Tuesday, August 28, 2012

Advertising Credentials --But Not Results!

Here's an advertisement appearing in todays N.Y. Times Science Section (Aug 28, p. D2):

        Vascular and Endovascular Neurosurgery at NSPC
Featuring Renowned Experts

Dr. X

Dr. X is a Massachusetts General Hospital trained neurosurgeon who specializes in Cerebrovascular and Endovascular Neurosurgery.  He is one of about 100 neurosurgeons nationally trained in both endovascular and microneurosurgical techniques and the first endovascular neurosurgeon on Long Island. Dr. X treats aneurysms, AVMs, carotid stenosis, and strokes.  He has authored recent leading articles on cerebral aneurysms and stroke in The New England Journal of Medicine and Lancet Neurology.

Very impressive credentials indeed!

But what have we learned about Dr. X's results?  Nothing.   Before scheduling procedures with Dr. X, who, on paper, seems very accomplished, be sure to ask about his surgical volume and his results.  It's one thing to learn a technique, to research a technique, to author articles about a new technique - but quite another to actually be a truly proficient practitioner of the technique.

Monday, August 27, 2012

The Academy of Pediatrics "Re-evaluates" Circumcision

Systematic evaluation of English-language peer-reviewed literature from 1995 through 2010 indicates that preventive health benefits of elective circumcision of male newborns outweigh the risks of the procedure. Benefits include significant reductions in the risk of urinary tract infection in the first year of life and, subsequently, in the risk of heterosexual acquisition of HIV and the transmission of other sexually transmitted infections.

The procedure is well tolerated when performed by trained professionals under sterile conditions with appropriate pain management. Complications are infrequent; most are minor, and severe complications are rare. Male circumcision performed during the newborn period has considerably lower complication rates than when performed later in life.

Although health benefits are not great enough to recommend routine circumcision for all male newborns, the benefits of circumcision are sufficient to justify access to this procedure for families choosing it and to warrant third-party payment for circumcision of male newborns. It is important that clinicians routinely inform parents of the health benefits and risks of male newborn circumcision in an unbiased and accurate manner.
Parents ultimately should decide whether circumcision is in the best interests of their male child.

Today's (August 27, 2012) New York Times includes the article "Benefits of Circumcision Are Said to Outweigh Risks" (Roni Caryn Rabin, page A3).  Above is the actual policy statement released by the American Academy of Pediatrics.

Let me begin with some "full disclosure."  I am Jewish, I am circumcised, my stepson and grandsons have undergone ritual circumcisions as have all male members of my family.  I, however, have had some ethical questions about this procedure - a procedure that is carried out on male infants only for ritual or "cosmetic" reasons.  I wonder how many of us who approve of ritual circumcisions would support the procedure if there were no religious issue.  How many physicians would consent to performing a circumcision if the reason were purely for "cosmetic" reasons?  How many of us would support infant circumcision under such circumstances?

If we support ritual circumcision for males, then it is incongruous not to support ritual female circumcision  Yet we regard this procedure as a form of genital mutilation.  Why?  Because it is generally carried out under non-sterile conditions in backward areas of developing societies, and performed without the girl's consent. Would we change our minds and support some innocuous form of female circumcision, carried out under sterile conditions, if such a procedure were implemented?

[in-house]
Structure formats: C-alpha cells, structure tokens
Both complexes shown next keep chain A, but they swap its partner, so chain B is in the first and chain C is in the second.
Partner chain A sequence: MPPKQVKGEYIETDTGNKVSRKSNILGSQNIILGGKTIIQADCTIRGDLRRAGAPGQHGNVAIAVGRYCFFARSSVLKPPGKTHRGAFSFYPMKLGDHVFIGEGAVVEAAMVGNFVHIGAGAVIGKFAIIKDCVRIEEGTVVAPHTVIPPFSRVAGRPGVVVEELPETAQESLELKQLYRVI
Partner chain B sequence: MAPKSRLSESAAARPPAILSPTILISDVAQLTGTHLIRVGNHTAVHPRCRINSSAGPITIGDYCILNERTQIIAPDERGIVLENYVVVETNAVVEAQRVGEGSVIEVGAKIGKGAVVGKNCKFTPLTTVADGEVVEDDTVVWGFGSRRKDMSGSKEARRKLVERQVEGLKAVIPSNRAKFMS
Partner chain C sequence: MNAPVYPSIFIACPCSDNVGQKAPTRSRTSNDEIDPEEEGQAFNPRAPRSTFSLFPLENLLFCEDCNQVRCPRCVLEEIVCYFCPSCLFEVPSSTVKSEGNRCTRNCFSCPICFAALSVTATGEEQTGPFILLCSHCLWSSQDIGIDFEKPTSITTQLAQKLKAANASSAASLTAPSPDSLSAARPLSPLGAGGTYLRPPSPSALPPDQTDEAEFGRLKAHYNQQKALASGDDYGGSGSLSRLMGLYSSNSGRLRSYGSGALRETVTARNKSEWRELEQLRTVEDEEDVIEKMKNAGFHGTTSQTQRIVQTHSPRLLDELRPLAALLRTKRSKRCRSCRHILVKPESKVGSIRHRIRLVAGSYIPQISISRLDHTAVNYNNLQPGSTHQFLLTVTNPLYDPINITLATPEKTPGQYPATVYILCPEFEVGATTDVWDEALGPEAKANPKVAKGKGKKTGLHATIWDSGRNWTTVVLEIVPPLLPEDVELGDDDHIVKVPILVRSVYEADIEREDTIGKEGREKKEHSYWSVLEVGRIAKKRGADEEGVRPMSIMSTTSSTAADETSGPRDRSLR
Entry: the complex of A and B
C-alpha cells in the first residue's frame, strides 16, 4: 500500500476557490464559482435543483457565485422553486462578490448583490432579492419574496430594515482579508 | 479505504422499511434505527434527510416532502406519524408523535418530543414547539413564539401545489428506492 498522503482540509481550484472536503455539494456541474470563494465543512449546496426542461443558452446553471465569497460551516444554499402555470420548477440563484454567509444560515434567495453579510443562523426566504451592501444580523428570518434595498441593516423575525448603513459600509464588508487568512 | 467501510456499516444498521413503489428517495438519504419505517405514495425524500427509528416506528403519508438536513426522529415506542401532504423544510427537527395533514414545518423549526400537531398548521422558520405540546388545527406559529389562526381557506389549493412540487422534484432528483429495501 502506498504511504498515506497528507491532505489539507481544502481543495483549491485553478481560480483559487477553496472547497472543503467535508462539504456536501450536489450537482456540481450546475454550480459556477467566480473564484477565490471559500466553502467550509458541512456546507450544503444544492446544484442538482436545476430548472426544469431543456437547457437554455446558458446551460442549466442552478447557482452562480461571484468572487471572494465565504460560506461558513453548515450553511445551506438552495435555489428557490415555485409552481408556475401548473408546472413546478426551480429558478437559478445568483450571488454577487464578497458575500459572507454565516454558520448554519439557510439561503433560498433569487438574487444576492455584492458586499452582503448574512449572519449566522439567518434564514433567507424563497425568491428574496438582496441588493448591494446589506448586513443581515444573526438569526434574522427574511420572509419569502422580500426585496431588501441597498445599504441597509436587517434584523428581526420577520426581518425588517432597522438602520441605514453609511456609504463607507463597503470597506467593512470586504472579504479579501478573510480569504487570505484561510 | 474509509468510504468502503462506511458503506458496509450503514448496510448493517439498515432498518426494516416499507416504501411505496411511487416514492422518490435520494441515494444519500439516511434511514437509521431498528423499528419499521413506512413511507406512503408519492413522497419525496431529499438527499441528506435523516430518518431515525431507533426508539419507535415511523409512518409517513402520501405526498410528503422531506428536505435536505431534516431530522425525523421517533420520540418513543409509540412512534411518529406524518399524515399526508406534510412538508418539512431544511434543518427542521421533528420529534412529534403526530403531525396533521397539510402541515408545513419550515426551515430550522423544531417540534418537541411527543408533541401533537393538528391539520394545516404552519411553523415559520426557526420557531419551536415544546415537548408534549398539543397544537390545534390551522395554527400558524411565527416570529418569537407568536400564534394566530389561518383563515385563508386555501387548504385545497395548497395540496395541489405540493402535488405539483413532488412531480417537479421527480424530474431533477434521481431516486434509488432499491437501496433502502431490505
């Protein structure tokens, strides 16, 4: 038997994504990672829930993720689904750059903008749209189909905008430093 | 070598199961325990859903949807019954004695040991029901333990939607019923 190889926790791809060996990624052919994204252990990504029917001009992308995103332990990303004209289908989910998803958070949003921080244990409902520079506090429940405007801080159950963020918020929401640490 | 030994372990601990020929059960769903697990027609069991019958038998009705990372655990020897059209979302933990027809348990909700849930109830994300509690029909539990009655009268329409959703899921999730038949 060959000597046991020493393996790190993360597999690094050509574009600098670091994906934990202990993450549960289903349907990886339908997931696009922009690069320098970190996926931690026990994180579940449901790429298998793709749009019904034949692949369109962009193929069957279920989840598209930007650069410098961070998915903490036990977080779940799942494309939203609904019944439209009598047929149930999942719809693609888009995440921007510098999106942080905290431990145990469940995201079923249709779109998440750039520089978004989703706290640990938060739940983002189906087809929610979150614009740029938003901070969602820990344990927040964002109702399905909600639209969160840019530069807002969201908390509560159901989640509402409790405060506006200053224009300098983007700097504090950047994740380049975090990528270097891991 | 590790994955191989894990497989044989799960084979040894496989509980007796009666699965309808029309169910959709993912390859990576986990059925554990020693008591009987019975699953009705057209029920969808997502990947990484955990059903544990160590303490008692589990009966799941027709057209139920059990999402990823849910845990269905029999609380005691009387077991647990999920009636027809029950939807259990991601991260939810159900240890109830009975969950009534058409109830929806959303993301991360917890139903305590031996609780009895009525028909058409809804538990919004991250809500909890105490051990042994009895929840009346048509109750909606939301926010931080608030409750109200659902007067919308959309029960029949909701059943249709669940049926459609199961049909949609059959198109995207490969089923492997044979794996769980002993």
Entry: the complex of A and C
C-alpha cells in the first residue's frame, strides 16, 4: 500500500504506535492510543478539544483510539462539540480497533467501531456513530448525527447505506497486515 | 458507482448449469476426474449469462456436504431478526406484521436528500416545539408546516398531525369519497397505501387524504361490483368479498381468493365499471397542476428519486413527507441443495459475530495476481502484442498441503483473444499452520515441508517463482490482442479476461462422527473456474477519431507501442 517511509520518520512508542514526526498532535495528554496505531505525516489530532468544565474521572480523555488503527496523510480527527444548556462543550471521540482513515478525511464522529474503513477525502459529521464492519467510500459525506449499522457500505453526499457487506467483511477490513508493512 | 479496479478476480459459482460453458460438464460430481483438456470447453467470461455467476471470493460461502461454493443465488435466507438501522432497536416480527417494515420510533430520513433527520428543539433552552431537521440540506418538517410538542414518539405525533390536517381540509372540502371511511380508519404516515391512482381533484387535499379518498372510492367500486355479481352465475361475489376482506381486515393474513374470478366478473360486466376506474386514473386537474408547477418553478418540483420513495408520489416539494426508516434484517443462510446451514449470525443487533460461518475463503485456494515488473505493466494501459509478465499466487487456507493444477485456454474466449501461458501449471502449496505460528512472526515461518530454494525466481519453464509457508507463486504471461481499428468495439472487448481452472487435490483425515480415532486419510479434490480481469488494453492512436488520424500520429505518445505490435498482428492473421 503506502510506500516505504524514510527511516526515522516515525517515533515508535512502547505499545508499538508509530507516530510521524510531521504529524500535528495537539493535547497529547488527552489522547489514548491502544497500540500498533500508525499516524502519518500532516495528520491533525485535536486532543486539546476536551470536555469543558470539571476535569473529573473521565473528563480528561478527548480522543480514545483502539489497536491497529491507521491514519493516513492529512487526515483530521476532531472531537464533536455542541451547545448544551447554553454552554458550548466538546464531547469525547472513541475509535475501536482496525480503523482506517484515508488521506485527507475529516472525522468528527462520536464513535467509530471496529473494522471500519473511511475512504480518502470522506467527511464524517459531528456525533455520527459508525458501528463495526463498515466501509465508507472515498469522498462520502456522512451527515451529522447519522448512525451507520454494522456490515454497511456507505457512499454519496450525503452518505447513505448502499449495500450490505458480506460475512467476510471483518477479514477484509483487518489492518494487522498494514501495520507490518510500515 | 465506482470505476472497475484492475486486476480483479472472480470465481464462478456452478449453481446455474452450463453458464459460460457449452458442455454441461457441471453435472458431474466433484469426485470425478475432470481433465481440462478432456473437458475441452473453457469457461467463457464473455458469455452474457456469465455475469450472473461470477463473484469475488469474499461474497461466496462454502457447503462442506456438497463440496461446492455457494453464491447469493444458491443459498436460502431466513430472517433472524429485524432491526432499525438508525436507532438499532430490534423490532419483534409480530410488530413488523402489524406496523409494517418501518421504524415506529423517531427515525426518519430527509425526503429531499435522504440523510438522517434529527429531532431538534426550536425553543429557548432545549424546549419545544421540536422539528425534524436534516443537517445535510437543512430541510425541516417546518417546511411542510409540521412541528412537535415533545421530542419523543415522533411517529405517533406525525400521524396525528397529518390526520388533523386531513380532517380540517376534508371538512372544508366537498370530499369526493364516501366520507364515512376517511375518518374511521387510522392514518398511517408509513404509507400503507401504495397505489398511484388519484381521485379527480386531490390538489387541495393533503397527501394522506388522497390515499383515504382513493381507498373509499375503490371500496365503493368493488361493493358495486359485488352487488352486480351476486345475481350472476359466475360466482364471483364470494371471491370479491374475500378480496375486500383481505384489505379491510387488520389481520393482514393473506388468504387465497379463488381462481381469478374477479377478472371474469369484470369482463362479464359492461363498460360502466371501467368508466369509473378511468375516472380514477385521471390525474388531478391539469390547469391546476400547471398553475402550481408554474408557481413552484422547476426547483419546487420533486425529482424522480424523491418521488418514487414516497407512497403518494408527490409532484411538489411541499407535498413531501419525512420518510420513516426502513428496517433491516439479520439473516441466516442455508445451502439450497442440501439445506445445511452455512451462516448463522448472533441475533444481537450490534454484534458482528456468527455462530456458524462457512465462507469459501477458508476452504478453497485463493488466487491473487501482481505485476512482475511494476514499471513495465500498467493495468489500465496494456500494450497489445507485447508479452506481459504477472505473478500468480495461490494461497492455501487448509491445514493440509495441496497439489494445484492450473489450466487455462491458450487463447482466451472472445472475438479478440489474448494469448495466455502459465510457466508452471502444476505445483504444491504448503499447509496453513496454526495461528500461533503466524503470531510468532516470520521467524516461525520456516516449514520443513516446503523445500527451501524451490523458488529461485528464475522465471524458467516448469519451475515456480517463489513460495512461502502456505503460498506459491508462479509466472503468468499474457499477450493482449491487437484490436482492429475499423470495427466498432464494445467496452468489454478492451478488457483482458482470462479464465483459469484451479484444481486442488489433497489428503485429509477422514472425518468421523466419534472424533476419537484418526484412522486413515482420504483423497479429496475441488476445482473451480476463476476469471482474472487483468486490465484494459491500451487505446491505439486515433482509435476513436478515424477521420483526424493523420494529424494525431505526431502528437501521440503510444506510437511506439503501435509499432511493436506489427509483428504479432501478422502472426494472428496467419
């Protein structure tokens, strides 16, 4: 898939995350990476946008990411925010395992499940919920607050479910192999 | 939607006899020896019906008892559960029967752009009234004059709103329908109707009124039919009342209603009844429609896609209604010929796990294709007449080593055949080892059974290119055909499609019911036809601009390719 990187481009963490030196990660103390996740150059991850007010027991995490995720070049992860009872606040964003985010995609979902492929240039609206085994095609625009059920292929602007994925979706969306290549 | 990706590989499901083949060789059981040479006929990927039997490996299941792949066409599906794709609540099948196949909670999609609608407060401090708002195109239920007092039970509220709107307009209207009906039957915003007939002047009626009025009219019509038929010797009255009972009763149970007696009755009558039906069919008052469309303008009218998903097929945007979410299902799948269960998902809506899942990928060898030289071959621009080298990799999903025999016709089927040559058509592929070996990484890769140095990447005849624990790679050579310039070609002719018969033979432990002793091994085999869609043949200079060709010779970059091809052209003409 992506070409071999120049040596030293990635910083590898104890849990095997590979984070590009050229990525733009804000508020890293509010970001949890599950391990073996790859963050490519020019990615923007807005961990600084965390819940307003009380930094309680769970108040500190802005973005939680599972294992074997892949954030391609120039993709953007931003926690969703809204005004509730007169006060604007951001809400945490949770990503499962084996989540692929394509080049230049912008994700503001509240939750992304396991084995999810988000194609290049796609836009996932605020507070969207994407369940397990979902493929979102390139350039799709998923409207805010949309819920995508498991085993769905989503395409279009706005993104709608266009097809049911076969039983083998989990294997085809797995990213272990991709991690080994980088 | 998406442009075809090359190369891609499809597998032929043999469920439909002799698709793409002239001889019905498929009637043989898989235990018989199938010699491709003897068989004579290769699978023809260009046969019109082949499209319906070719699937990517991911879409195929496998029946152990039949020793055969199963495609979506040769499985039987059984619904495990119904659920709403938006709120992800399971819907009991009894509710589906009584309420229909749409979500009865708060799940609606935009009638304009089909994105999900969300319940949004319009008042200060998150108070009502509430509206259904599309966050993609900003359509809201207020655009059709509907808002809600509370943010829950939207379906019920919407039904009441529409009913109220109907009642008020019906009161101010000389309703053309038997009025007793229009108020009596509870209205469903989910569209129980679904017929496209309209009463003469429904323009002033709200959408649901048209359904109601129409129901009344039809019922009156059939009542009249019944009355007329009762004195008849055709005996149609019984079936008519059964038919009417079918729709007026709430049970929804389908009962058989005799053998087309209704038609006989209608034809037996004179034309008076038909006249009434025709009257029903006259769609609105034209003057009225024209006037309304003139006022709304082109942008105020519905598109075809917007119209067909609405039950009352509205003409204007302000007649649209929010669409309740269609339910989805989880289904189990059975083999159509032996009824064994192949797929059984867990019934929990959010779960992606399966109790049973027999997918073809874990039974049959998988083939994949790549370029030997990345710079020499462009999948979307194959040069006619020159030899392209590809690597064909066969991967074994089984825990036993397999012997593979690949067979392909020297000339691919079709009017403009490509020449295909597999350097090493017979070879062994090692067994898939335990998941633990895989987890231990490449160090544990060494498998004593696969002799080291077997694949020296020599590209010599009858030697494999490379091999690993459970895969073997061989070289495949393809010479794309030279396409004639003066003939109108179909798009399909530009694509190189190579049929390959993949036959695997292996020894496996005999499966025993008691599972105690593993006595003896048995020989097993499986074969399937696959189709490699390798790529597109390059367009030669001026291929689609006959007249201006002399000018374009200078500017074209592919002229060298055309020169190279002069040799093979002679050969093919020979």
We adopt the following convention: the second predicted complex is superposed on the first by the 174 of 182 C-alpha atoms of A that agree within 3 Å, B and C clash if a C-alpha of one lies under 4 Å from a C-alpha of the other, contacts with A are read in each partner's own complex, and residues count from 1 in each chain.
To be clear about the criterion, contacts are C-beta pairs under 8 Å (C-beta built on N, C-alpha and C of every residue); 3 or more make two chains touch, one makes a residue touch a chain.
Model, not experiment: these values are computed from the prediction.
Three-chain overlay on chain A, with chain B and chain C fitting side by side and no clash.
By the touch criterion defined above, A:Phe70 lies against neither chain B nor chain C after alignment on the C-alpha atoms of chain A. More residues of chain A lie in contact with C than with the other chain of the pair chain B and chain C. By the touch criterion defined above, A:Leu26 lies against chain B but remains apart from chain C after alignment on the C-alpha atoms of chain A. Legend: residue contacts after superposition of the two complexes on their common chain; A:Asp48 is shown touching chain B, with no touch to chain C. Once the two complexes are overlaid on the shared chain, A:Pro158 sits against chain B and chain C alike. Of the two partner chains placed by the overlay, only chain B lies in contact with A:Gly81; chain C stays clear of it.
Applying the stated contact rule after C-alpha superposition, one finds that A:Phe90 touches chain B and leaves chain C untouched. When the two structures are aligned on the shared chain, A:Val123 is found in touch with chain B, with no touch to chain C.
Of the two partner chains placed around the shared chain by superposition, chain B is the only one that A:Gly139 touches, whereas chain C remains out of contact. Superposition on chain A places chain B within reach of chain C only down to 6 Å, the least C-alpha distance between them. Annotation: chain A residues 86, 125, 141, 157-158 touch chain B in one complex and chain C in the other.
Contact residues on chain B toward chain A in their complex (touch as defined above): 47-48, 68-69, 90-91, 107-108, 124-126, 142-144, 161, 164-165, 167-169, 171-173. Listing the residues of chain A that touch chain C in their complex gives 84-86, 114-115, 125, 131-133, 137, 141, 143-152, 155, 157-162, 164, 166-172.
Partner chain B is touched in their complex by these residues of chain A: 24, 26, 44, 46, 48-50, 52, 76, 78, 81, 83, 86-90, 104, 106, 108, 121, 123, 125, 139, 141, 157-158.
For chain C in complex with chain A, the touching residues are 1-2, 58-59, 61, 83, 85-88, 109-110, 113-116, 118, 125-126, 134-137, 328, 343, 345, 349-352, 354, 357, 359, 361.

It is also extremely important that the Academy's statement be analyzed very carefully before using health as a "reason" or "excuse" for male circumcision.  Note the highlighted paragraph above.  Though the benefits outweigh the risks, they are "not great enough to recommend routine circumcision....."

Now let's discuss some statistics.  Let us assume that there are 500 infant males who are circumcised by the same person using the same technique; then compare them with 500 perfectly matched infant males who are not circumcised.  In the first group 1 boy develops a complication.  In the second group none develop complications, but 3 go on to eventually develop AIDS.  So, in fact, three times as many non-circumcised boys v. circumcised boys went on to have issues.  But.....we are still talking about an extremely low number of problems, whether circumcised or not circumcised.  Remember - of the first group of 500, 499 did well, and of the second 500, 497 did well!  In such a statistical situation, the health benefits are minimal.  And remember that AIDS is a preventable disease - and that  AIDS "prevented by male circumcision" is only the heterosexually transmitted (mostly African) form and not the homosexually (mostly American) transmitted form!

From an entirely "neutral" point of view - a person completely unaware of ritual tradition would most likely regard circumcision as a rather barbaric procedure - the painful removal of the male foreskin for no clear indication.  If a parent, for no reason other than "I want him/her to have it," insisted that a small permanent tattoo be inserted in the skin of her infant, I doubt that many of us would support her wish.

It is very important that those supporting ritual circumcision realize that the only clear reason is traditional.  One cannot rationalize one's choice by importing "health" in this decision process.  This argument (especially in a country like the United States) fails completely.

Monday, August 20, 2012

Nurse Practitioners as Diagnosticians

The New York Times Magazine of August 19, 2012 includes a problem in medial diagnosis - "The Telltale Heart".  The medical issue at hand concerned a 31-year-old woman with an interesting and esoteric diagnostic dilemma, which after appropriate evaluation turned out to be an unusual complication of Lyme Disease.  But that is not the only compelling fact here.  This case was first posted on August 9, 2012 an the first person to correctly identify the medical problem was a cardiologist from Vermont, who, according to the Times, "credited two nurse practitioners in his office with helping him solve the case."